about communication in contemporary dance


table of contents

Basic conditions for a good conversation


To give and to build trust is crucial when we desire to develop lasting, sustainable connections.  In the chapter on trust we underlined how building trust is something you can actively develop in every conversation and every exchange you have, be it with a colleague or an audience member.

So, how to do that?

  • Tell your partner in dialogue what your expectations are, the moment you start communicating to someone.  Speak up when expectations are not met.
  • Restart the dialogue every time you meet: redefine the connection and re-establish it.  Check whether you and your partner in dialogue are still on the same page in terms of what the goal of the conversation is.
  • Evaluate after every working process – not only evaluate the work and the tasks that were fulfilled, but also the dynamics between people and quality of the exchange.
  • Do not make promises you cannot keep.  


Most of us like to talk and be heard.  But are you really listening when someone else speaks?  Or are you simply waiting until it is your turn to speak?

  • Practice active listening, especially if you don’t know the person in front of you that well yet.  One way of doing this is by repeating what you think was said to you, before responding.  This also acts as a way to check if your presumptions about someone else’s statement, question or comment are correct.  Never underestimate how easy it can be for conversations to be misinterpreted.

Transparency about roles

In a good conversation there is a sense of equality between the partners in dialogue.  Even if the partners in dialogue hold different hierarchal positions, this is possible.  An awareness and acknowledgement of the roles and positions represented by both parties is key.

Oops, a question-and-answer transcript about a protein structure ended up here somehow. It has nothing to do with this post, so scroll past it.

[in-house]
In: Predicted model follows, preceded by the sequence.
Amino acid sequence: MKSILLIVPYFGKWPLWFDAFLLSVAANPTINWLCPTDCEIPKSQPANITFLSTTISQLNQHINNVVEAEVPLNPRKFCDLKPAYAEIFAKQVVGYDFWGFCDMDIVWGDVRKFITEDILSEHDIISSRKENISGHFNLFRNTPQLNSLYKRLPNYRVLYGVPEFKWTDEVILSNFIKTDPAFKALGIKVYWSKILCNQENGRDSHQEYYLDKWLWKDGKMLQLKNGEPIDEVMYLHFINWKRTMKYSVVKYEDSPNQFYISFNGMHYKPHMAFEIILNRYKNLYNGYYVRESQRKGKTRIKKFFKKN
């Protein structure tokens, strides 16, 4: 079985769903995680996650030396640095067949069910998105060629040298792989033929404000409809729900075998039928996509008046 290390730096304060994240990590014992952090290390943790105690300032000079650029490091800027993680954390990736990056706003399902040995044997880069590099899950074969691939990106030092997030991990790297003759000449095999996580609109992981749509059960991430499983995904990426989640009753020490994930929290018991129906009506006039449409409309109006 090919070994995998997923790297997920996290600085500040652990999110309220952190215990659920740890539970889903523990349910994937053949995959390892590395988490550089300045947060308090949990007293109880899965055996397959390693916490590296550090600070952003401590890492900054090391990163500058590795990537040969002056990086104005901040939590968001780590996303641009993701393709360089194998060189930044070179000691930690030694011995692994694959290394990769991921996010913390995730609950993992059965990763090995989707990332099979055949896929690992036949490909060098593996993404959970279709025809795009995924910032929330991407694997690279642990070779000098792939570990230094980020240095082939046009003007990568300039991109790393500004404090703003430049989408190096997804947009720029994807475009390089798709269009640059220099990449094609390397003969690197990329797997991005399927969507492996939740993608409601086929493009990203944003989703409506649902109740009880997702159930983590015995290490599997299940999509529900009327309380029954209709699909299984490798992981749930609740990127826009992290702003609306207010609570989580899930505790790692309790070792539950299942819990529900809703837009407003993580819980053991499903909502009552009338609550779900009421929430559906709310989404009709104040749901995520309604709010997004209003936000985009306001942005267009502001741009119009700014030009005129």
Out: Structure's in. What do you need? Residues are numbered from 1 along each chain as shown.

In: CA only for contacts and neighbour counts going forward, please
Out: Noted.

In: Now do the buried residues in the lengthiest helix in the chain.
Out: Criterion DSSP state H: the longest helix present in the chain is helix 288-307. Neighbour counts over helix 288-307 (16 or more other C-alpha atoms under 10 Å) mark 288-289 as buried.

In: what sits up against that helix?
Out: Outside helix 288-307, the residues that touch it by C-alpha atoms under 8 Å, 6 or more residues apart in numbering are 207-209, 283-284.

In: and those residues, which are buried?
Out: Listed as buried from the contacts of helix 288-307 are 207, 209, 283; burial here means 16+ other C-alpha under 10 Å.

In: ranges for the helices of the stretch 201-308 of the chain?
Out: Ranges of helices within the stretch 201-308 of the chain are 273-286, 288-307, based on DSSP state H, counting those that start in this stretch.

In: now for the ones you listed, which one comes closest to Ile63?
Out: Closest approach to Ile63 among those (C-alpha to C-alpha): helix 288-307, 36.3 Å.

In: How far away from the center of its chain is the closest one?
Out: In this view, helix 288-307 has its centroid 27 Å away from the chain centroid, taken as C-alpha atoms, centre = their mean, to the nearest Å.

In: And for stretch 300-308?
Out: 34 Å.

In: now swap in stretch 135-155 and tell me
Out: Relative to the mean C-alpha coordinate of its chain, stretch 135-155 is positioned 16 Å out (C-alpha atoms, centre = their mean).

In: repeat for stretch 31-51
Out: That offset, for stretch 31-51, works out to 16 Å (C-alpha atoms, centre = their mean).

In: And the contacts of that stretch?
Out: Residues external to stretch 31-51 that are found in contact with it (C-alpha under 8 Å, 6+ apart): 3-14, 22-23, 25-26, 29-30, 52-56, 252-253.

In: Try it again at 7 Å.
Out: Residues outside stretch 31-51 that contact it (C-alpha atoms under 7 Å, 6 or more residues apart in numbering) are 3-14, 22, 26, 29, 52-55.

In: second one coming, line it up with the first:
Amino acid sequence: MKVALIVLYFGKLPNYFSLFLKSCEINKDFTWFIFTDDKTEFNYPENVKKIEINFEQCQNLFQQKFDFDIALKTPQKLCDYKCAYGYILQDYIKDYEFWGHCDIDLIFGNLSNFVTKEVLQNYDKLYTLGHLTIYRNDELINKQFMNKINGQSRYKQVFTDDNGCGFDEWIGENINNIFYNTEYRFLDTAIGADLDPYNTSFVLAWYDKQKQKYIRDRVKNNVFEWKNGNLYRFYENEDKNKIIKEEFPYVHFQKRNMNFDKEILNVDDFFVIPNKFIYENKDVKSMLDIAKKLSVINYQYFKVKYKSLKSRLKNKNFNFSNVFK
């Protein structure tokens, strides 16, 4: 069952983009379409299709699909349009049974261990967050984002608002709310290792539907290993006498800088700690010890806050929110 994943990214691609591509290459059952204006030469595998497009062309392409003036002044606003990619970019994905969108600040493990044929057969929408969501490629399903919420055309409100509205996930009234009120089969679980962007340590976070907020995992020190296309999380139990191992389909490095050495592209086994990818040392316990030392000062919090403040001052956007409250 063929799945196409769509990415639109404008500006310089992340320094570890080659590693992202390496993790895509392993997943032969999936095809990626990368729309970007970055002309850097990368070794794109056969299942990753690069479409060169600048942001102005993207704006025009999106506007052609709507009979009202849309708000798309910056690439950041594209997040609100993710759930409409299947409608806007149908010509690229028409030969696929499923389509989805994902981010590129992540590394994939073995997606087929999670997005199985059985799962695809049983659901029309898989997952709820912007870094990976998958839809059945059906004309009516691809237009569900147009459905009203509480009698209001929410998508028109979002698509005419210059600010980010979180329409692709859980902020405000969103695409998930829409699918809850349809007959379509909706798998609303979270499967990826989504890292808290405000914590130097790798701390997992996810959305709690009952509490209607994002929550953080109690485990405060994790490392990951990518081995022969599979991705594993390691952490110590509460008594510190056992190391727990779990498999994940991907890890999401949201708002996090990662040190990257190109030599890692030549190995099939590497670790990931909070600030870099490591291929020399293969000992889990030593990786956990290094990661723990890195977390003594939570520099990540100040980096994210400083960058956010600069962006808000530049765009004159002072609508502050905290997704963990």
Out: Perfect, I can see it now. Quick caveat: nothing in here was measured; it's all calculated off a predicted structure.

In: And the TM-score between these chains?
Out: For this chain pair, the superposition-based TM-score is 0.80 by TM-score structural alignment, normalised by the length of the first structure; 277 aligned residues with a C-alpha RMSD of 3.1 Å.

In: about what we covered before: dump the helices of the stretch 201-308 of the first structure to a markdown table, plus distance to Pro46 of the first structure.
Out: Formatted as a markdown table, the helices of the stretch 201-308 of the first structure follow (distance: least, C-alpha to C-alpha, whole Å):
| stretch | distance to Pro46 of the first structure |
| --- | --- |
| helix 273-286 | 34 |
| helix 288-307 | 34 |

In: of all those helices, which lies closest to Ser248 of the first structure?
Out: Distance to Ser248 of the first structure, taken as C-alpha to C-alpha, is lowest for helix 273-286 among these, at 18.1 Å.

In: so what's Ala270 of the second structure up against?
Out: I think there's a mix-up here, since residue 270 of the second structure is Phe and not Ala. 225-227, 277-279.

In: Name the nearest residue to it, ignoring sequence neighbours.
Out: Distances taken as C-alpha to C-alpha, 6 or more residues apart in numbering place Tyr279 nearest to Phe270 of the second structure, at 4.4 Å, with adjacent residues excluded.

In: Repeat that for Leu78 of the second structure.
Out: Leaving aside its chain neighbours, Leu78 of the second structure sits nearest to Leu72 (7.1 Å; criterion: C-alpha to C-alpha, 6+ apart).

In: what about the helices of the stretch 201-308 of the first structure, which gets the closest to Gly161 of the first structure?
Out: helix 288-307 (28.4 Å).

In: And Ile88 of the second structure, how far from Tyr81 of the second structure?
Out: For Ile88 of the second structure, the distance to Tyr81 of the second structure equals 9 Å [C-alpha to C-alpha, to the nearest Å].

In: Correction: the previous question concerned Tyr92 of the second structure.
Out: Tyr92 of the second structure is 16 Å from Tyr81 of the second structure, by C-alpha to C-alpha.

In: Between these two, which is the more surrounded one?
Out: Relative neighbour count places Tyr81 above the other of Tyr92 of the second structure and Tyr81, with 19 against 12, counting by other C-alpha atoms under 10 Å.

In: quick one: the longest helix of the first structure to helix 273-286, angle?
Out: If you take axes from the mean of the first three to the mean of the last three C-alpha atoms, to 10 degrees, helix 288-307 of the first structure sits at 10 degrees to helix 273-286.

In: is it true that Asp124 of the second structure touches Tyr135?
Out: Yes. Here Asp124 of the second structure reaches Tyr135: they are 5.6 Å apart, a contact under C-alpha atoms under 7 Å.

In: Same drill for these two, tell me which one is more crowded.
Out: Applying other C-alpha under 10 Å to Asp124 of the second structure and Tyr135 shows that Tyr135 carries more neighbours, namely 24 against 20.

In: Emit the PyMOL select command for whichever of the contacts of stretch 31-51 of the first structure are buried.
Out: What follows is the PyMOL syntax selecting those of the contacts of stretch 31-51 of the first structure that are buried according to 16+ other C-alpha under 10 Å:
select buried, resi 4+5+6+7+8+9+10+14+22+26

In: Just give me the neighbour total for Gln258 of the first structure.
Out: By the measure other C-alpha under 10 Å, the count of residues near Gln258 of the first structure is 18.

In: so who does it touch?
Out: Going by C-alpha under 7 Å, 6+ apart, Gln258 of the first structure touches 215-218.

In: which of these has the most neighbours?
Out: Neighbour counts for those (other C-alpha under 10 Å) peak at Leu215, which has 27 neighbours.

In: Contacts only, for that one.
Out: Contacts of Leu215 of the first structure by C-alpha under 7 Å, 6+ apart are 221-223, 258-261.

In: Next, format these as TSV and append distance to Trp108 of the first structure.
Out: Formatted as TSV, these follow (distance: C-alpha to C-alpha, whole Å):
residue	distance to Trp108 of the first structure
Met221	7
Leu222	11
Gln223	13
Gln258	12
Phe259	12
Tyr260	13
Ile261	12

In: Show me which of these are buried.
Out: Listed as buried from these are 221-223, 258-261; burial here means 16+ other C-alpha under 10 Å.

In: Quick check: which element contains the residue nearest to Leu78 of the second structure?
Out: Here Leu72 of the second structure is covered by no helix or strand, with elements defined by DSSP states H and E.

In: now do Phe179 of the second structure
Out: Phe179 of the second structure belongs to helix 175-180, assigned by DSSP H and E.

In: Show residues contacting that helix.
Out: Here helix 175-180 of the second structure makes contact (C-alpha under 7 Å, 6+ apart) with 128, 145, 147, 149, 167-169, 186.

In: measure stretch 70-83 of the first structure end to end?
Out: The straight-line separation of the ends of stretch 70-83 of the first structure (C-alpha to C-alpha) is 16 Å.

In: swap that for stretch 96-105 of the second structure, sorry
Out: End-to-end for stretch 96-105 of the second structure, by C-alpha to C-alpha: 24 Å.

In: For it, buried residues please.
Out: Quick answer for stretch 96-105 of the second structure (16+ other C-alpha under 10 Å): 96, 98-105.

• State the obvious and mention from which position everyone involved is taking part in the conversation.

Equal investment

No matter what your position or role is, in a true dialogue each person needs to invest in the other equally, as without reciprocal exchange there will be no satisfactory result.

  • Being equally invested means you both feel equally responsible for a good outcome of the conversation.  You have to define what ‘a good outcome’ means to the both of you from the outset.

Shared values

Having different personalities involved in a dialogue can be a challenge, however usually differences in character are not the biggest issue.  Having different values or different opinions on modes of operation are usually hardest to overcome.  To avoid any potential pitfalls:

  • Define the values you work from at the beginning, and ask your partner in dialogue from which values s/he operates. ( see our identity chapter)
  • Acknowledge how you prefer to work and be open about it.  This makes it much easier to find partners in dialogue who share your values.  Shared values often also create shared language and common ground.

Building a relationship over time

A sense of time pressure or pressure to see results right away usually gets in the way of building a good conversation.  This does not mean that a good conversation is necessarily a long conversation.  Building a conversation can also be about creating a series of encounters, instead of stretching the length of a single encounter, and in fact this may be a more effective strategy.

  • Conversations usually become more interesting when the invitation to dialogue holds the promise of a long-term connection, rather than a one-time-only conversation.